What to eat instead of meat

I was contracted to write this article for an online fitness and wellness journal.

What to eat instead of meat

Some stop eating it out of concern about cruelty to animals. Others cut back on consuming it for health reasons. Still more don’t want it because of the rumoured environmental cost of producing it.

We’re talking about meat, and the unease many people today have with eating it. While how this foodstuff is produced may be controversial to many, there is no controversy about the fact that meat remains the most easily accessible form of protein in the modern diet. And there’s no doubt that we need protein. According to the Dietitians of Canada website, protein is part of every cell in our bodies. Our muscles, skin, hair and connective tissues are all made up of protein. Without enough of this essential building block, our bodies could not maintain or repair themselves. On top of providing protein, that T-bone steak gracing your plate also contains iron to give you energy and B vitamins to help your body make red blood cells, all in one easily-cooked little package.

But what if you choose not to eat meat because of your convictions about factory farms? Or you’d like to introduce a few meatless meals during the week because your doctor has ordered you to reduce your intake of saturated fat and cholesterol? You’ll be happy to know it’s never been easier to fulfill your body’s protein requirements without eating animal flesh.

Years ago, those who wanted to go vegetarian had a tough time. Not only were they tagged with the “crazy hippie,” label, there was a dearth of tasty recipes to follow and a lack of ingredients available to make the recipe if you actually happened to find one. Early efforts at vegetarian cooking in North America had the reputation of being time-consuming and difficult with a final product that was unappetizing, heavy on the carrots and carbohydrates, and low in protein.

Providing tasty and healthy meals is a simpler task if you choose to go vegetarian today. Library shelves groan under the weight of “meatless menu” cookbooks; and the Internet abounds with recipes and advice for the fledgling vegetarian. Since many medical professionals now endorse eating less meat, it’s also easy to find clear advice on how to ensure your body’s needs for protein are met when you drop chicken and pork off the menu. For example, Dr. Joey Shulman, author of The Natural Makeover Diet, offers a simple calculation to determine your protein requirements. “The recommended daily allowance for protein is to consume 0.8 grams of protein for every kilogram of body weight…[for example, a] female who weighs 110 pounds should consume approximately 40 grams of protein per day,” she writes on the Canadian Living Magazine site http://www.canadianliving.com. Shulman follows up by providing the protein content of several meat alternatives to help plan your diet. For example, a large egg contains six grams of protein, a ½ cup of cottage cheese gives 15 grams. A powerhouse for protein is, perhaps surprisingly, pumpkin seeds, which pack a whopping 19 grams in a 1/4 cup, according to Shulman.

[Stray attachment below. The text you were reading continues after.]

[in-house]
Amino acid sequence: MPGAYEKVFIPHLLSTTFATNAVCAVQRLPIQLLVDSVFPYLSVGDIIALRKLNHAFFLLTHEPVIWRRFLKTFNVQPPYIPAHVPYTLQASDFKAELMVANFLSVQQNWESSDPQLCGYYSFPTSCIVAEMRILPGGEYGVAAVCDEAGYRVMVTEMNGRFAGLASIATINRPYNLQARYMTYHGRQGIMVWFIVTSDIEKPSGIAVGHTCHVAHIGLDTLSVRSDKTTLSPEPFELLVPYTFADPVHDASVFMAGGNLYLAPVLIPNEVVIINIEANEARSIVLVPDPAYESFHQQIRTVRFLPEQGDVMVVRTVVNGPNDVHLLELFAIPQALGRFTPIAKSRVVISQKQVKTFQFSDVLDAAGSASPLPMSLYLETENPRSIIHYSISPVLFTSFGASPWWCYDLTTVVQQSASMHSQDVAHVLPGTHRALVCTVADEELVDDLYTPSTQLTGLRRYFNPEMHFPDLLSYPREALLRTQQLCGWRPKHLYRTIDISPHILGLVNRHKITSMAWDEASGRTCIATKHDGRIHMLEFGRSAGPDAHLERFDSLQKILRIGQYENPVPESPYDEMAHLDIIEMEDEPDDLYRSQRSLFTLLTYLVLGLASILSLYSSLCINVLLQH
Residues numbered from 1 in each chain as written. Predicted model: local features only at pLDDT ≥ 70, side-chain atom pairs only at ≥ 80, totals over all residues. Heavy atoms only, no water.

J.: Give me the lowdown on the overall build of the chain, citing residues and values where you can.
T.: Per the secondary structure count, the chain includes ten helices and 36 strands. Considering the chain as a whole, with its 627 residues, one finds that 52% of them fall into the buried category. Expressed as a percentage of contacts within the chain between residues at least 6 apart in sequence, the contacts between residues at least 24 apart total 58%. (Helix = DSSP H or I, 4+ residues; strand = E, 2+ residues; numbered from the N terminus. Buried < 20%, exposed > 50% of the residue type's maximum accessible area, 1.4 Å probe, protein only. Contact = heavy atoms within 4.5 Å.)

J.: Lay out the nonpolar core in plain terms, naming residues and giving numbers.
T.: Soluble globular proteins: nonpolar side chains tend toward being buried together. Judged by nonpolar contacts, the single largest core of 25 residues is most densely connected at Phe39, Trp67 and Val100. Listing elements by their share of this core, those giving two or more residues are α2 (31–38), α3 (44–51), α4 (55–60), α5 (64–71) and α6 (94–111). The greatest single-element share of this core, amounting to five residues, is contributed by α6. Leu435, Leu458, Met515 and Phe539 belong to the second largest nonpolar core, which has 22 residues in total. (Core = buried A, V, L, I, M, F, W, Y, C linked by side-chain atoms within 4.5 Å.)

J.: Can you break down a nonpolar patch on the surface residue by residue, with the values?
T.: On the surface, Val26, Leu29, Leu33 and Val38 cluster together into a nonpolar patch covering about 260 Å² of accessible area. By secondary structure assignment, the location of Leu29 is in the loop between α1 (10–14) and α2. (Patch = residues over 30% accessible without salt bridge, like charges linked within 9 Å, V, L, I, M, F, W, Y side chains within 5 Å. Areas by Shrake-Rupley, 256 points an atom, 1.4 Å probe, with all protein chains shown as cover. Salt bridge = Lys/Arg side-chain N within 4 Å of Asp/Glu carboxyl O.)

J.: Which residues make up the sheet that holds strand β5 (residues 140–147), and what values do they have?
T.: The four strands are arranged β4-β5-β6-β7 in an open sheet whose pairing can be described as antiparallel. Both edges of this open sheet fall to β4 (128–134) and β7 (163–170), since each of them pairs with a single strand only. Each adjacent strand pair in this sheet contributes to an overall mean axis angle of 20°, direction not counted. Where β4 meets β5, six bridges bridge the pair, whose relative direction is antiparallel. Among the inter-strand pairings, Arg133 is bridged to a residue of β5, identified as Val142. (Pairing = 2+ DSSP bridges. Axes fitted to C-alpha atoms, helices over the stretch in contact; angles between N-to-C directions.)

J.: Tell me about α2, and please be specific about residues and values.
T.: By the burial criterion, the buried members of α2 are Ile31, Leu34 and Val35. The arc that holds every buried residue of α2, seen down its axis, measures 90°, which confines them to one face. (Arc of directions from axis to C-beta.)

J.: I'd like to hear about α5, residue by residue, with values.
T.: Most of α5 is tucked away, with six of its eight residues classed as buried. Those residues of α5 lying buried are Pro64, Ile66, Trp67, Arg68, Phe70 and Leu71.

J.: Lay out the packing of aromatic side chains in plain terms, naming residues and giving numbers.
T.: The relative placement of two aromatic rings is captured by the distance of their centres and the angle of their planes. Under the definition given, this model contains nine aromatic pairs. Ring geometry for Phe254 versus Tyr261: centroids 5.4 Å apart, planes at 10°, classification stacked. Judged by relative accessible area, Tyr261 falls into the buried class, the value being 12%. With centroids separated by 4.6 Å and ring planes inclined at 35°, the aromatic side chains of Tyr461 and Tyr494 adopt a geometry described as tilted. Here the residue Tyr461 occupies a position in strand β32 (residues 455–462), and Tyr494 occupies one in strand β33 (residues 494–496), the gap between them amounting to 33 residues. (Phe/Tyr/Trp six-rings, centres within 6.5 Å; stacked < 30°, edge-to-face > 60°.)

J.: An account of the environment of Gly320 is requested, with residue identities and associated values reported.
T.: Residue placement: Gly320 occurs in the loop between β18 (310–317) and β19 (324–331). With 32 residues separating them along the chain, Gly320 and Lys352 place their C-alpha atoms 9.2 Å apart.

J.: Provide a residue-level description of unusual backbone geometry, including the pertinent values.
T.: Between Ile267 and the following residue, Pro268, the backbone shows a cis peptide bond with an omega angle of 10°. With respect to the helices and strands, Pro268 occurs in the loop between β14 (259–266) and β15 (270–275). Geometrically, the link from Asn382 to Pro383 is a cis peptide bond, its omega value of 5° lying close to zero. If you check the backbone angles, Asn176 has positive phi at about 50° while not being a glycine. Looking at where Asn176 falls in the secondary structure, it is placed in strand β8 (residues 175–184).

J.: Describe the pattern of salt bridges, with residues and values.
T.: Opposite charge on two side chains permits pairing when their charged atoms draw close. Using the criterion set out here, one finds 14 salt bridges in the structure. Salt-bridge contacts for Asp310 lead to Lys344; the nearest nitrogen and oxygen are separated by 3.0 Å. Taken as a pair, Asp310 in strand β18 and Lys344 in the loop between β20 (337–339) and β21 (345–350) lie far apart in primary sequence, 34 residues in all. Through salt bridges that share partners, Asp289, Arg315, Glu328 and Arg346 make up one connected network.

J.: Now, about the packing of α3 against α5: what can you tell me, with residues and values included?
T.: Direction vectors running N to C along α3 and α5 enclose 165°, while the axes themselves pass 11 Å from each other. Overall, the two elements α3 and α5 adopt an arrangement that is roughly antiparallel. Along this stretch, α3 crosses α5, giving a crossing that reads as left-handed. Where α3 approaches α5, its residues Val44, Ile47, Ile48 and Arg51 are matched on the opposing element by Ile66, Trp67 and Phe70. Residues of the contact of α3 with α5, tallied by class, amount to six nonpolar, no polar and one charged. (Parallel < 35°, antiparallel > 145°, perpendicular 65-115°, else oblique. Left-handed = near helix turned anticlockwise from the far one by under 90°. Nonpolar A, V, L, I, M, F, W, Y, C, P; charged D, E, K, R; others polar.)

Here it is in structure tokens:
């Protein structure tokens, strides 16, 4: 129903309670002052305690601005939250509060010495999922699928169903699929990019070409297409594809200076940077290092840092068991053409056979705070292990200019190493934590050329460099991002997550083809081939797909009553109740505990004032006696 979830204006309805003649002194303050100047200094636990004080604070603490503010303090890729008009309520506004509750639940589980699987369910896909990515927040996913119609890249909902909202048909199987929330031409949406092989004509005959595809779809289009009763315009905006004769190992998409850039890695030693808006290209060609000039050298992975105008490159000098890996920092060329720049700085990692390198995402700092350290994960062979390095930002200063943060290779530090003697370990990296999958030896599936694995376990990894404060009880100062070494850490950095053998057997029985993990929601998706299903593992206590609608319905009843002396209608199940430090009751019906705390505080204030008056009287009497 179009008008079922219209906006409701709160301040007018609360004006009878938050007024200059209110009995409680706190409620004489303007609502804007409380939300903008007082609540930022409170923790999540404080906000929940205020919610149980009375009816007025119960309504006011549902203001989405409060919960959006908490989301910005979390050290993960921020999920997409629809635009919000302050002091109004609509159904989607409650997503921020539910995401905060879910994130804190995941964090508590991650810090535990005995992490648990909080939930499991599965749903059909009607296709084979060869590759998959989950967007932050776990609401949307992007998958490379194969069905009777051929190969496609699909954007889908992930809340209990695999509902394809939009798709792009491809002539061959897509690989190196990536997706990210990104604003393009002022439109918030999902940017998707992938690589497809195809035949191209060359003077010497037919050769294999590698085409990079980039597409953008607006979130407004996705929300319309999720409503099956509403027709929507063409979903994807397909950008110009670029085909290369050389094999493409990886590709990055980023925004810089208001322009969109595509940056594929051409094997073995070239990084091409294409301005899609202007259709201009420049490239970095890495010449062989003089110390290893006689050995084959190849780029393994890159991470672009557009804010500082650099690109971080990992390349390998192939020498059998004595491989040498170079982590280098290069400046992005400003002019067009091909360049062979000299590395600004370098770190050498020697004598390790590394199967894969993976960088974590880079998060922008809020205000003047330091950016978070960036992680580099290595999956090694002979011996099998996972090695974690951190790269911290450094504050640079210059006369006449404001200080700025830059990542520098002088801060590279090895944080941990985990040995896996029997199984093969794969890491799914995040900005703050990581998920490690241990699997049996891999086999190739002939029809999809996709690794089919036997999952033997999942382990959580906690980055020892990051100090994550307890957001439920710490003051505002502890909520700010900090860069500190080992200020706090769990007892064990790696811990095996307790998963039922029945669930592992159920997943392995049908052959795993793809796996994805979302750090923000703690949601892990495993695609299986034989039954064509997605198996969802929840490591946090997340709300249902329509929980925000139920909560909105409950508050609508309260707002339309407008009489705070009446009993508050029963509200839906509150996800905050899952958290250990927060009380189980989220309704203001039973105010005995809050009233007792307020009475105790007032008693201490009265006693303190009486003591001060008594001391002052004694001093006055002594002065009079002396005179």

However, while cheeses, nuts and eggs are good protein sources, you can’t eat a lot of them without adding a significant amount of fat and cholesterol to your diet, the very thing you may be trying to avoid. Fortunately, there are other alternatives. Canada’s Food Guide says a 3/4 cup serving of cooked beans, peas or lentils fulfills one of the two daily protein servings required by women for a healthy diet (three servings are suggested for men). They are all low in cholesterol and fat, with the added advantage of a high fiber content.

However, a bean that has been a staple of Asian cuisine for centuries has recently stepped into the starring role in today’s vegetarian diet, and for good reason. Soybeans are the only source of plant protein that is considered a “complete protein.” Like meat, soybeans contain all nine essential amino acids. Other beans, peas, nuts, seeds, and grain are considered “incomplete” proteins, which must be combined with another food to form a complete protein. Some examples are rice and beans, milk and wheat cereal, and corn and beans.

We are primarily familiar with soybeans as “tofu,” the curd that results from pressing coagulated soy milk. The easy availability of tofu in suburban supermarkets is one of the biggest advantages for people wanting to eat a primarily vegetarian diet today. Its texture, which ranges from firm to “silken,” means it can be stir-fried, baked, barbecued, crumbled and blended. As it absorbs flavour from the sauces and spices it is combined with, tofu is simple to prepare and tasty to eat. One-half cup of it provides 20 grams of protein, half the daily requirement of that 110-pound woman mentioned earlier in this article.

While the reasons for eating less meat can be numerous and complicated, it’s not hard to devise a healthy menu without it. Just keep in mind you should have some protein at each meal and eat the high-fat replacements, such as nuts, in moderation.

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